NASA’s Mars Atmosphere and Volatile Evolution (MAVEN) spacecraft – which arrived at Mars in September, 2014 – has observed two interesting and surprising phenomena in the Martian atmosphere: an unexplained high-altitude dust cloud and an aurora that reaches deep into the Martian atmosphere. MAVEN’s mission is to help solve the mystery of how Mars lost most of its atmosphere and much of its water. These new findings are unexpected! Researchers presented the findings at the Lunar and Planetary Science Conference being held this week (March 16-20, 2015) in The Woodlands, Texas. Follow the links below to learn more:
Martian dust cloud. MAVEN observed the unexpected dust cloud at orbital altitudes from about 93 miles (150 kilometers) to 190 miles (300 kilometers) above the Martian surface. The cloud density is greatest at lower altitudes. However, even in the densest areas it is still very thin. The source and composition of the dust are unknown. Laila Andersson of the University of Colorado’s Laboratory for Atmospherics and Space Physics (CU LASP) said:
If the dust originates from the atmosphere, this suggests we are missing some fundamental process in the Martian atmosphere.
The cloud has been present the whole time MAVEN has been in operation. Scientists don’t know whether the cloud is a temporary phenomenon or something long lasting.
Possible sources for the observed dust include dust wafted up from the atmosphere; dust coming from Phobos and Deimos, the two moons of Mars; dust moving in the solar wind away from the sun; or debris orbiting the sun from comets. However, no known process on Mars can explain the appearance of dust in the observed locations from any of these sources.
Martian aurora. For five days just before December 25, 2014 MAVEN saw a bright ultraviolet auroral glow spanning Mars’ northern hemisphere, what scientists have named Christmas lights. Aurora – also known here on Earth as northern or southern lights – are caused by energetic particles like electrons crashing down into the atmosphere and causing the gas to glow.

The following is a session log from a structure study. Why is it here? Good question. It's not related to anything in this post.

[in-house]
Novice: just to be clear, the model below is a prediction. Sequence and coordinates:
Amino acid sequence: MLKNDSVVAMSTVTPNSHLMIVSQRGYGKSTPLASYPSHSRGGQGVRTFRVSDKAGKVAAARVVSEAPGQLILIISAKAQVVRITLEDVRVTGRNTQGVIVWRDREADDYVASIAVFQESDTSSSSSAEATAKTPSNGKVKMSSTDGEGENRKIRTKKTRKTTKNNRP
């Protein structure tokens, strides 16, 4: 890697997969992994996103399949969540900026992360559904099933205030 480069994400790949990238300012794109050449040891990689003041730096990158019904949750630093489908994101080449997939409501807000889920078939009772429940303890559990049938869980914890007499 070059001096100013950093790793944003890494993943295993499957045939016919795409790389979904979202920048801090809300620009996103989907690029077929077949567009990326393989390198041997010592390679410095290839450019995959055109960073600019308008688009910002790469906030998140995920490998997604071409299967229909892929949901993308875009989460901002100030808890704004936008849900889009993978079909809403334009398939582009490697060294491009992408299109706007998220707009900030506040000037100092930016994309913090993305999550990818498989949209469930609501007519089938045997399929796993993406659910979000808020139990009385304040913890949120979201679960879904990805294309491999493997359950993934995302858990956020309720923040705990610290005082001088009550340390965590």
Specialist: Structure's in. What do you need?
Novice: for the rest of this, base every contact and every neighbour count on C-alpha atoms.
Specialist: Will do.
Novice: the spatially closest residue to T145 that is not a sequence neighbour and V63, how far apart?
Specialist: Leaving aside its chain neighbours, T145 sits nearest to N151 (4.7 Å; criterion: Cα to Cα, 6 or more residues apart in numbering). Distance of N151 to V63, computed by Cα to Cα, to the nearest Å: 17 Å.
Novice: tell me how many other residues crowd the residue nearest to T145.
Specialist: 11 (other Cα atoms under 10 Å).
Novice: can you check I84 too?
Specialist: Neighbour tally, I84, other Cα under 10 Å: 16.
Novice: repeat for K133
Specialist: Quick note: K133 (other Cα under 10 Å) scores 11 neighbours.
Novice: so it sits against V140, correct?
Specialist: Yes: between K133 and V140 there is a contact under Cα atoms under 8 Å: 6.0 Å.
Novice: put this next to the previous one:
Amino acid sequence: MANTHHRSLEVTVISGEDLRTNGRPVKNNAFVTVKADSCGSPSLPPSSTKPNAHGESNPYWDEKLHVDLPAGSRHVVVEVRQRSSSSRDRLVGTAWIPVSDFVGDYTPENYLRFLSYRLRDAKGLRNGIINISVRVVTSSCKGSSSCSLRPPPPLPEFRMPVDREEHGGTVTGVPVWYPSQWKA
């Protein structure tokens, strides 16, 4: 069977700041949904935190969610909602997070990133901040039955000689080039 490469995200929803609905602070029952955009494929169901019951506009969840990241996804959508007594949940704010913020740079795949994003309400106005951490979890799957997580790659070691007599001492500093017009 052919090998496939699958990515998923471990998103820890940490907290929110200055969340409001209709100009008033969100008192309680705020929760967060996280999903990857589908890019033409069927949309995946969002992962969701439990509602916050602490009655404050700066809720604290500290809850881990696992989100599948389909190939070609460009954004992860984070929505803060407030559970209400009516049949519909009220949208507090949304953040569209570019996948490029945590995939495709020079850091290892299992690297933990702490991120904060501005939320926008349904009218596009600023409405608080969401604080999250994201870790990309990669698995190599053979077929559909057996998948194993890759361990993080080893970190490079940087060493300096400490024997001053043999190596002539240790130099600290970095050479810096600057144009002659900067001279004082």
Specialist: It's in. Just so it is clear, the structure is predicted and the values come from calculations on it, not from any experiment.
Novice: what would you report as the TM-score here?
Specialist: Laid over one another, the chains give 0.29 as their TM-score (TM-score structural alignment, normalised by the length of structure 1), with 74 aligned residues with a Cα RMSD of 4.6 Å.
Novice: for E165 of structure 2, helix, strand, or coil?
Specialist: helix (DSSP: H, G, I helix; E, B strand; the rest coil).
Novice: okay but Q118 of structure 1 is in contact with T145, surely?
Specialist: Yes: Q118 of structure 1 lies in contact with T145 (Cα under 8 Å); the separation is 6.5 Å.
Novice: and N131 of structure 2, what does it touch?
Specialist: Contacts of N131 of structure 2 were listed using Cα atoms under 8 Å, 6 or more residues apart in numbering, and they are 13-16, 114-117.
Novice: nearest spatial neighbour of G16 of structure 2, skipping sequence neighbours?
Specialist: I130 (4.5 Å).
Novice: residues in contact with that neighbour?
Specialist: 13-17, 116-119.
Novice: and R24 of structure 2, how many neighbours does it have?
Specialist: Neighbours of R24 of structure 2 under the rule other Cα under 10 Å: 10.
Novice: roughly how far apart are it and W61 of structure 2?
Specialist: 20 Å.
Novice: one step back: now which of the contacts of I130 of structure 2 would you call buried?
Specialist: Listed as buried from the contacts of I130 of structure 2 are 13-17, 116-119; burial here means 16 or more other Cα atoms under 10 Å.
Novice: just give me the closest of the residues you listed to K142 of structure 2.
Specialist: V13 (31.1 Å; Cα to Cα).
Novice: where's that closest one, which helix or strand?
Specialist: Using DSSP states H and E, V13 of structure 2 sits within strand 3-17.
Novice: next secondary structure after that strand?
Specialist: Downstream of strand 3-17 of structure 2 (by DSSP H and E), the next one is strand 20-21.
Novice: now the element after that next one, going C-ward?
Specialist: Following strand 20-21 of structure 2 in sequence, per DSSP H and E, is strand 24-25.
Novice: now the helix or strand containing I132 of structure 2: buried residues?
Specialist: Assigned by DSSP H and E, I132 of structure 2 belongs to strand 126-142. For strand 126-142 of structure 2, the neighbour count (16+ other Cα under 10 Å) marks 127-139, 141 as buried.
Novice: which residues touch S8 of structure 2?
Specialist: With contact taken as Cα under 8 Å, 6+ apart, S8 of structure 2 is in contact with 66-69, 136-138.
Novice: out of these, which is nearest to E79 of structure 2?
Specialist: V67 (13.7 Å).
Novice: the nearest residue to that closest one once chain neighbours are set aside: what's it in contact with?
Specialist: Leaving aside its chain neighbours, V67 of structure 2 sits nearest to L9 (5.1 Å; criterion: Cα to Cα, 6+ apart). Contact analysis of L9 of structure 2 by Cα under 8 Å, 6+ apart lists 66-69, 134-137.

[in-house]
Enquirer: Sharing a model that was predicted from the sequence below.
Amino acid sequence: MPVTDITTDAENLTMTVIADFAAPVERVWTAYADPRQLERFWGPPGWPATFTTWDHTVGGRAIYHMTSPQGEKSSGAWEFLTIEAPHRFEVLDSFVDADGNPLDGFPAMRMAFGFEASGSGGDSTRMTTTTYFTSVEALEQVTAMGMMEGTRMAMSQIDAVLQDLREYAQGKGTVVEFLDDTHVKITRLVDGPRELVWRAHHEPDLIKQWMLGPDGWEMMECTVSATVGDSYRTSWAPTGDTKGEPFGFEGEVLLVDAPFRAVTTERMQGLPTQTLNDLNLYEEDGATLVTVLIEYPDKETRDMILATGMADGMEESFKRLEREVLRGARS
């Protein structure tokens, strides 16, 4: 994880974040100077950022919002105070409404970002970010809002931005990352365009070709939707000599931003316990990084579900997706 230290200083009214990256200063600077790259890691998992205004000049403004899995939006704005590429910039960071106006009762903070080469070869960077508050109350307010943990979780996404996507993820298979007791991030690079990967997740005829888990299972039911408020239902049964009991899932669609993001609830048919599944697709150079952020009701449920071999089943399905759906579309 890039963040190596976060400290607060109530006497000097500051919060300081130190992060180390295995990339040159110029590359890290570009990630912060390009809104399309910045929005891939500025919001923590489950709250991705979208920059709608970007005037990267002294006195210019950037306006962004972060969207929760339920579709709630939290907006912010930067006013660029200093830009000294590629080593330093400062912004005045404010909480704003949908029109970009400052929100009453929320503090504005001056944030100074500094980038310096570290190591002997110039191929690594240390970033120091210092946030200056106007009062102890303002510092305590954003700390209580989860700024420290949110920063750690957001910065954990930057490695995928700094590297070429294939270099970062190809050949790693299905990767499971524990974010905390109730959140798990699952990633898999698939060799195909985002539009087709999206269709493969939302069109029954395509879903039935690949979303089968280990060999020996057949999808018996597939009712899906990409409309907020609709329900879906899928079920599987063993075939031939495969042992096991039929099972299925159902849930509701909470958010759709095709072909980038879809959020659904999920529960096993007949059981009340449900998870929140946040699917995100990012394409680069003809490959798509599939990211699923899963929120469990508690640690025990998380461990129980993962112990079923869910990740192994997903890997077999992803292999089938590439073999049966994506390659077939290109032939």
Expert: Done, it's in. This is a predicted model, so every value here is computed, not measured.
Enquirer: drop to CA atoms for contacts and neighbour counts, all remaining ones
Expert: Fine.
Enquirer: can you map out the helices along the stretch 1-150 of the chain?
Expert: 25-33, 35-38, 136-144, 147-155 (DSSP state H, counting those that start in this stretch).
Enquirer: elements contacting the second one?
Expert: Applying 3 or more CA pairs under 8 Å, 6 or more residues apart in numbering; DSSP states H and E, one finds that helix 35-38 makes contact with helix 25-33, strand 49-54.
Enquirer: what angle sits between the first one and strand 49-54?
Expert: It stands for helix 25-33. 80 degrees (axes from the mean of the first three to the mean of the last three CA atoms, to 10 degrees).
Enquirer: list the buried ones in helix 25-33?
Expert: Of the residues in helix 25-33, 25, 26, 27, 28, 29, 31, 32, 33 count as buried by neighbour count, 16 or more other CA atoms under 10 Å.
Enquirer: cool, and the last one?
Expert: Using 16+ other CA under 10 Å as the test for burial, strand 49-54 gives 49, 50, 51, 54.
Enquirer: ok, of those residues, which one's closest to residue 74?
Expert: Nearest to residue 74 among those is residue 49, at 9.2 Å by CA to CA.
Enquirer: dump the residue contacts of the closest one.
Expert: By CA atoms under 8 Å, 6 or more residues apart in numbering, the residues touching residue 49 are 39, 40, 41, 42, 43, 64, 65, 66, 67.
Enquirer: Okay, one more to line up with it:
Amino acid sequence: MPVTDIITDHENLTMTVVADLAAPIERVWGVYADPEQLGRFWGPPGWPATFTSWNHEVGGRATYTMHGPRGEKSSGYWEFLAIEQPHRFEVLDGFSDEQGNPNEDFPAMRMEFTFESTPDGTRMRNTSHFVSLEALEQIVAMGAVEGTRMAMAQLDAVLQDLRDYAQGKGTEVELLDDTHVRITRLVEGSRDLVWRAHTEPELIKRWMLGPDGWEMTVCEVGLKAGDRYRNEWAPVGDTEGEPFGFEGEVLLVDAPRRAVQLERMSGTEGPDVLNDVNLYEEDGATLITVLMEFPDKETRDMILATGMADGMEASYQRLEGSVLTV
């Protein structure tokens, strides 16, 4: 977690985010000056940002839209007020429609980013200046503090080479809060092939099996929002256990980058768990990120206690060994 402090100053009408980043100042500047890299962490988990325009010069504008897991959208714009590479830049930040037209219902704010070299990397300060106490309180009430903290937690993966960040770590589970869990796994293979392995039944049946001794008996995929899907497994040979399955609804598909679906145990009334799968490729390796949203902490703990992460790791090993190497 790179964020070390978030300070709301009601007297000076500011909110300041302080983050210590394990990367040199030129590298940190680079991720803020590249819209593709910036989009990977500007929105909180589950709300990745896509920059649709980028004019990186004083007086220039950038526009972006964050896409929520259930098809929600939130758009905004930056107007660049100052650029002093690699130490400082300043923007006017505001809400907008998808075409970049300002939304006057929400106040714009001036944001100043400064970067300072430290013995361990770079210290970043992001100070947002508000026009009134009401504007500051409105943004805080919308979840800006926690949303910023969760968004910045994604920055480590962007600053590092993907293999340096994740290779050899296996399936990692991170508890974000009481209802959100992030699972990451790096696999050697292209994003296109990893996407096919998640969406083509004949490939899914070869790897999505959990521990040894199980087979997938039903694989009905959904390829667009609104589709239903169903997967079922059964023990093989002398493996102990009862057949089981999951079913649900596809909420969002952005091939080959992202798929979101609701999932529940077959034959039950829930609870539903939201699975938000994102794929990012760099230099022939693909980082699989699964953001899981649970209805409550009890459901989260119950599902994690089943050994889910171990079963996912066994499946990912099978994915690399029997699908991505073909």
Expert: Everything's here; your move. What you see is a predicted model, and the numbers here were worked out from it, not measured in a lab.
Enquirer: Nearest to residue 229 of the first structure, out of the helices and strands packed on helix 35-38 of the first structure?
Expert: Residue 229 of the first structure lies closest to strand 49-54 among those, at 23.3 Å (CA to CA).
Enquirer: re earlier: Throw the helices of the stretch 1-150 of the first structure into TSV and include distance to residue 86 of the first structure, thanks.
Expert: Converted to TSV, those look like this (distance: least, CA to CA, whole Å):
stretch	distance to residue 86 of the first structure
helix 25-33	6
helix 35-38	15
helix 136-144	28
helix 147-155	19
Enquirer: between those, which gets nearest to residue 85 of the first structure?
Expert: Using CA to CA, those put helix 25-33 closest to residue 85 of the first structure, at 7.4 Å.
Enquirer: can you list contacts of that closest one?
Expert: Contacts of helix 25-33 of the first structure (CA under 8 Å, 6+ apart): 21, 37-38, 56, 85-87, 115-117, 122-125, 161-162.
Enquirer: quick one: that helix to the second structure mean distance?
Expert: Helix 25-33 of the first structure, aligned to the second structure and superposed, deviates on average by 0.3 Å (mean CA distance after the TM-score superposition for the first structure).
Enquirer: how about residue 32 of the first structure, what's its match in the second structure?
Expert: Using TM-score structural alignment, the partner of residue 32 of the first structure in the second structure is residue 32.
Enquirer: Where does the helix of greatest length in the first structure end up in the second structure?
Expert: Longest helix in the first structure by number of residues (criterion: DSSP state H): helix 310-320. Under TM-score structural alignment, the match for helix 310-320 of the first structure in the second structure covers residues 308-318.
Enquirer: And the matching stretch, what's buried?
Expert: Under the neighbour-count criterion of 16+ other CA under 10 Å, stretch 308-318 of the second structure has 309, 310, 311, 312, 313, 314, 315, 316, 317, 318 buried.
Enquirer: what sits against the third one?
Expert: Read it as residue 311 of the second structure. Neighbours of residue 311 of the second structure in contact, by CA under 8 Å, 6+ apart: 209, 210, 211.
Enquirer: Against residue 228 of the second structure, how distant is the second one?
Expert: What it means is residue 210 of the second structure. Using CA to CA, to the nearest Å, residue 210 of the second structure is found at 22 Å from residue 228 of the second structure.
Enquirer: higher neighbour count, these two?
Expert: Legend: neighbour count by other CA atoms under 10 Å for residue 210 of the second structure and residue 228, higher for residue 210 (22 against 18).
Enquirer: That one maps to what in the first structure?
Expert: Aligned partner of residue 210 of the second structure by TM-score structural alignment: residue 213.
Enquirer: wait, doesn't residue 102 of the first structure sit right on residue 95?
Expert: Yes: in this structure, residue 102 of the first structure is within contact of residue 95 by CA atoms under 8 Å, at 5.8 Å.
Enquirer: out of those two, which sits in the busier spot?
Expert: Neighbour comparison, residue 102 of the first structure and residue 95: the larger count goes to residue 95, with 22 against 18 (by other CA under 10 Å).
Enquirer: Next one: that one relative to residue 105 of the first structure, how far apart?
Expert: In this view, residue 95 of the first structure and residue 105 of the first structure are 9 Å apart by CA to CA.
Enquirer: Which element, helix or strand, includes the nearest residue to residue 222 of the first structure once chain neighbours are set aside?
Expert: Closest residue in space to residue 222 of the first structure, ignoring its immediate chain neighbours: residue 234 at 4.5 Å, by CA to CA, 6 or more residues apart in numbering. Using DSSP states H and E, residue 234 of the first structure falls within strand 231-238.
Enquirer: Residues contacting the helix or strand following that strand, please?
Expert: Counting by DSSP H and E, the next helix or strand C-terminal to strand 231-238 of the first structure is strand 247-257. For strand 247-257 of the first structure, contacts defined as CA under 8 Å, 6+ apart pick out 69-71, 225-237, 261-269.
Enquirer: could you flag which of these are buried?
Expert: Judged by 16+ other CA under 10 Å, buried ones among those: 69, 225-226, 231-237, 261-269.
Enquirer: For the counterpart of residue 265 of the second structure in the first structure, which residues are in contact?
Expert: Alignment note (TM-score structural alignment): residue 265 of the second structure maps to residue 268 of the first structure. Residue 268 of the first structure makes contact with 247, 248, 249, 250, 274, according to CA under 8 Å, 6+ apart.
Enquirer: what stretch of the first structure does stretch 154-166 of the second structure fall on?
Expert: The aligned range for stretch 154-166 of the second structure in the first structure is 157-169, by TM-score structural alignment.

Arnaud Stiepen is a MAVEN team member at the University of Colorado. He said:
What’s especially surprising about the aurora we saw is how deep in the atmosphere it occurs – much deeper than at Earth or elsewhere on Mars. The electrons producing it must be really energetic.
The source of the energetic particles appears to be the sun. An MAVEN instrument detected a huge surge in energetic electrons at the onset of the aurora. Billions of years ago, Mars lost a global protective magnetic field like Earth has, so solar particles can directly strike the atmosphere. The electrons producing the aurora have about 100 times more energy than you get from a spark of house current, so they can penetrate deeply in the atmosphere.
Bottom line: The NASA MAVEN spacecraft has observed two unexpected phenomena in the Martian atmosphere: an unexplained high-altitude dust cloud and aurora that reaches deep into the Martian atmosphere. The findings are being presented at the Lunar and Planetary Science Conference March 16-20, 2015 in The Woodlands, Texas.
Eleanor Imster has helped write and edit EarthSky since 1995. She was an integral part of the award-winning EarthSky radio series almost since it began until it ended in 2013. Today, as Lead Editor at EarthSky.org, she helps present the science and nature stories and photos you enjoy. She also serves as one of the voices of EarthSky on social media platforms including Facebook, Twitter and G+. She and her husband live in Tennessee and have two grown sons.